Even With Trade Disputes, Global Competition, State Policies Also Affect Illinois Farmers

Even With Trade Disputes, Global Competition, State Policies Also Affect Illinois Farmers

ILLINOIS (IRN) — Illinois farmers have faced the uncertainties of weather, tariffs, international trade agreements, competition from other countries, but while some things are out of their hand, what happens in Springfield doesn’t have to be.

That is why the Illinois Farm Bureau advocates for state laws and policies on their behalf, said Michael Doherty, senior economist and policy analyst for the organization.

“What we care about is the perspective of the farmer operator. That’s our primary member that’s who were advocating for – whoever is in the tractor seat,” Doherty said.

Doherty said that unlike other states, farmers in Illinois are a largely homogenous group — 97 percent of Illinois farms are family-owned and 80 percent grow the soybean-corn rotation that characterizes the state’s agriculture.

When it comes to attempting to influence public policy, the Illinois Farm Bureau – which is also a collection of grass-roots farmers in every county – there are commonalities.

Issues such as infrastructure and transportation affect farmers, Doherty said.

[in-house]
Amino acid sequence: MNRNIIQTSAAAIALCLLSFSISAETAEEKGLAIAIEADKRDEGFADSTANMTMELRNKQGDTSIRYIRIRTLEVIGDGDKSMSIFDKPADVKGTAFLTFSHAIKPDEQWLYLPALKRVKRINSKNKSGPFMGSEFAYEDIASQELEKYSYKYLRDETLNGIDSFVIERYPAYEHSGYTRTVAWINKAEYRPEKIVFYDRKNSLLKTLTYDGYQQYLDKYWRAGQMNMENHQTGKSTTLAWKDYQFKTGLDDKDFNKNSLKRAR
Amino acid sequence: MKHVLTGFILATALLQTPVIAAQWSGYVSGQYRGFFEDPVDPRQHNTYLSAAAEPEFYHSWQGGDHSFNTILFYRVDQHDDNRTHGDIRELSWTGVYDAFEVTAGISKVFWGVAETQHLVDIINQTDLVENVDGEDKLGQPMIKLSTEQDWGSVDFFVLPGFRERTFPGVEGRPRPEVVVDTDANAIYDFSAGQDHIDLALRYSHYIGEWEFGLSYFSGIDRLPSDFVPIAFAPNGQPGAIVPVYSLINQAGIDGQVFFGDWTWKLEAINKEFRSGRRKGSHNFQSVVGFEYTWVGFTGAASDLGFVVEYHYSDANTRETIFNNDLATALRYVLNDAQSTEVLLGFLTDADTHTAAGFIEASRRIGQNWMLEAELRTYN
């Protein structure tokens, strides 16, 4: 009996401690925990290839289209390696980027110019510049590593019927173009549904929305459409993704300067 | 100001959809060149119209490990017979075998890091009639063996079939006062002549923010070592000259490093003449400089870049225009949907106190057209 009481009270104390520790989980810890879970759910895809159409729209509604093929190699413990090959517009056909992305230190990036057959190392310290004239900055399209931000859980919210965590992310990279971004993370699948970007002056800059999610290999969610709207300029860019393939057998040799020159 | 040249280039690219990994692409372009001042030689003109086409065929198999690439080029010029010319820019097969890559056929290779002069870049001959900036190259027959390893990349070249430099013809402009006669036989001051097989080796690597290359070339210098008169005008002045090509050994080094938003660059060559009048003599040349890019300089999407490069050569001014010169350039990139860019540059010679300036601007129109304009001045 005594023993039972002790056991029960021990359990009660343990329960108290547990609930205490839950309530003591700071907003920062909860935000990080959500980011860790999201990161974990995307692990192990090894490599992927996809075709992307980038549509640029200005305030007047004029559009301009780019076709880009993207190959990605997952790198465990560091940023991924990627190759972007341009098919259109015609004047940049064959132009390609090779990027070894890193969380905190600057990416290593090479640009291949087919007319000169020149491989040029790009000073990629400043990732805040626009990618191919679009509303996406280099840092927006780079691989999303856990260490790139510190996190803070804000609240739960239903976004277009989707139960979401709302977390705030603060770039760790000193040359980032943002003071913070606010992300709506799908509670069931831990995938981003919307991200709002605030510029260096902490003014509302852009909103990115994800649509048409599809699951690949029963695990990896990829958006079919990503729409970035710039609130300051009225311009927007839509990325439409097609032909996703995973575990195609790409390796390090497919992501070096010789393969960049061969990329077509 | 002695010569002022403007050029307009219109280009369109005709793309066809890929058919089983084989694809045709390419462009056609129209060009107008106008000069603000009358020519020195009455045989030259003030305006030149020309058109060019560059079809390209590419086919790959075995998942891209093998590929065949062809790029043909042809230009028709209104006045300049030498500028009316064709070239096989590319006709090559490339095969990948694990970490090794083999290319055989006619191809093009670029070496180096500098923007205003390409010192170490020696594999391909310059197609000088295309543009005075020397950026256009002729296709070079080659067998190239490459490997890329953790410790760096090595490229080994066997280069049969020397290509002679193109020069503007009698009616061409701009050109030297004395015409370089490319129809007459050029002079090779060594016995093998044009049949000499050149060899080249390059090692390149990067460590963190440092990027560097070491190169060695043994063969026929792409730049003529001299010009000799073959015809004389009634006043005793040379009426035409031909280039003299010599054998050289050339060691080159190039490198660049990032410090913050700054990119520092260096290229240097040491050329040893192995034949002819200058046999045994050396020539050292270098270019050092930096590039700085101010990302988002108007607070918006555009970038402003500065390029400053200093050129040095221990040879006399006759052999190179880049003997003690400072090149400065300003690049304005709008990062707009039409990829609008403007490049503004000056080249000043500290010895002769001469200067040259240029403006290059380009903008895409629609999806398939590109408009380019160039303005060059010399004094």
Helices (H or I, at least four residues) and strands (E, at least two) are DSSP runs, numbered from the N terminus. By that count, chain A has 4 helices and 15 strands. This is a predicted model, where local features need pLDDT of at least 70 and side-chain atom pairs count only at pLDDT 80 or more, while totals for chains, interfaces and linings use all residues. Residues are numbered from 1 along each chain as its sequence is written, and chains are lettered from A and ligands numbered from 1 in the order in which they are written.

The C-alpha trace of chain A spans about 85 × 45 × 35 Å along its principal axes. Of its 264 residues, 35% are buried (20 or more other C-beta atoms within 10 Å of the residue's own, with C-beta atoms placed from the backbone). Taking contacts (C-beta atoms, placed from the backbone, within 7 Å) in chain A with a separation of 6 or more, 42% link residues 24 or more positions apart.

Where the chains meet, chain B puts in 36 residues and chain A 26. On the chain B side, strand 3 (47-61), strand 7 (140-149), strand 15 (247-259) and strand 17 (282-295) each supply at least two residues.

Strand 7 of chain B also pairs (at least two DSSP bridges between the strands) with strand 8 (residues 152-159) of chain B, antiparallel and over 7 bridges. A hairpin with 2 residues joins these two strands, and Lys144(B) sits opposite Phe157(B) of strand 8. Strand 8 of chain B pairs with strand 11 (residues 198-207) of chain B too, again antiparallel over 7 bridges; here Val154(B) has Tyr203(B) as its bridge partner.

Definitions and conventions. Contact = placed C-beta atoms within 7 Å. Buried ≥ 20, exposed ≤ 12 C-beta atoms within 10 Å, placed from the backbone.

“We hold meetings cross-state with farmers every year because farming here in Illinois means transporting very large volumes of corn and soybeans somewhere off that farm,” Doherty said. “Eventually it’s got to be transported from the farm to either a river terminal, an ethanol plant, a processing plant or to a commercial or corporately owned elevator. So for that to happen somebody’s got to transport.”

Laws that affect farmers, which could be anything from environmental regulations to road funding, affect everyone, he said.

 “We have over 100 counties in Illinois, so we’ve got all these county-level farm bureau organizations, and most people in a rural area are familiar with their county farm bureau office,” Doherty said. “The slate of policies have been agreed upon and represent the majority of the farmers.”

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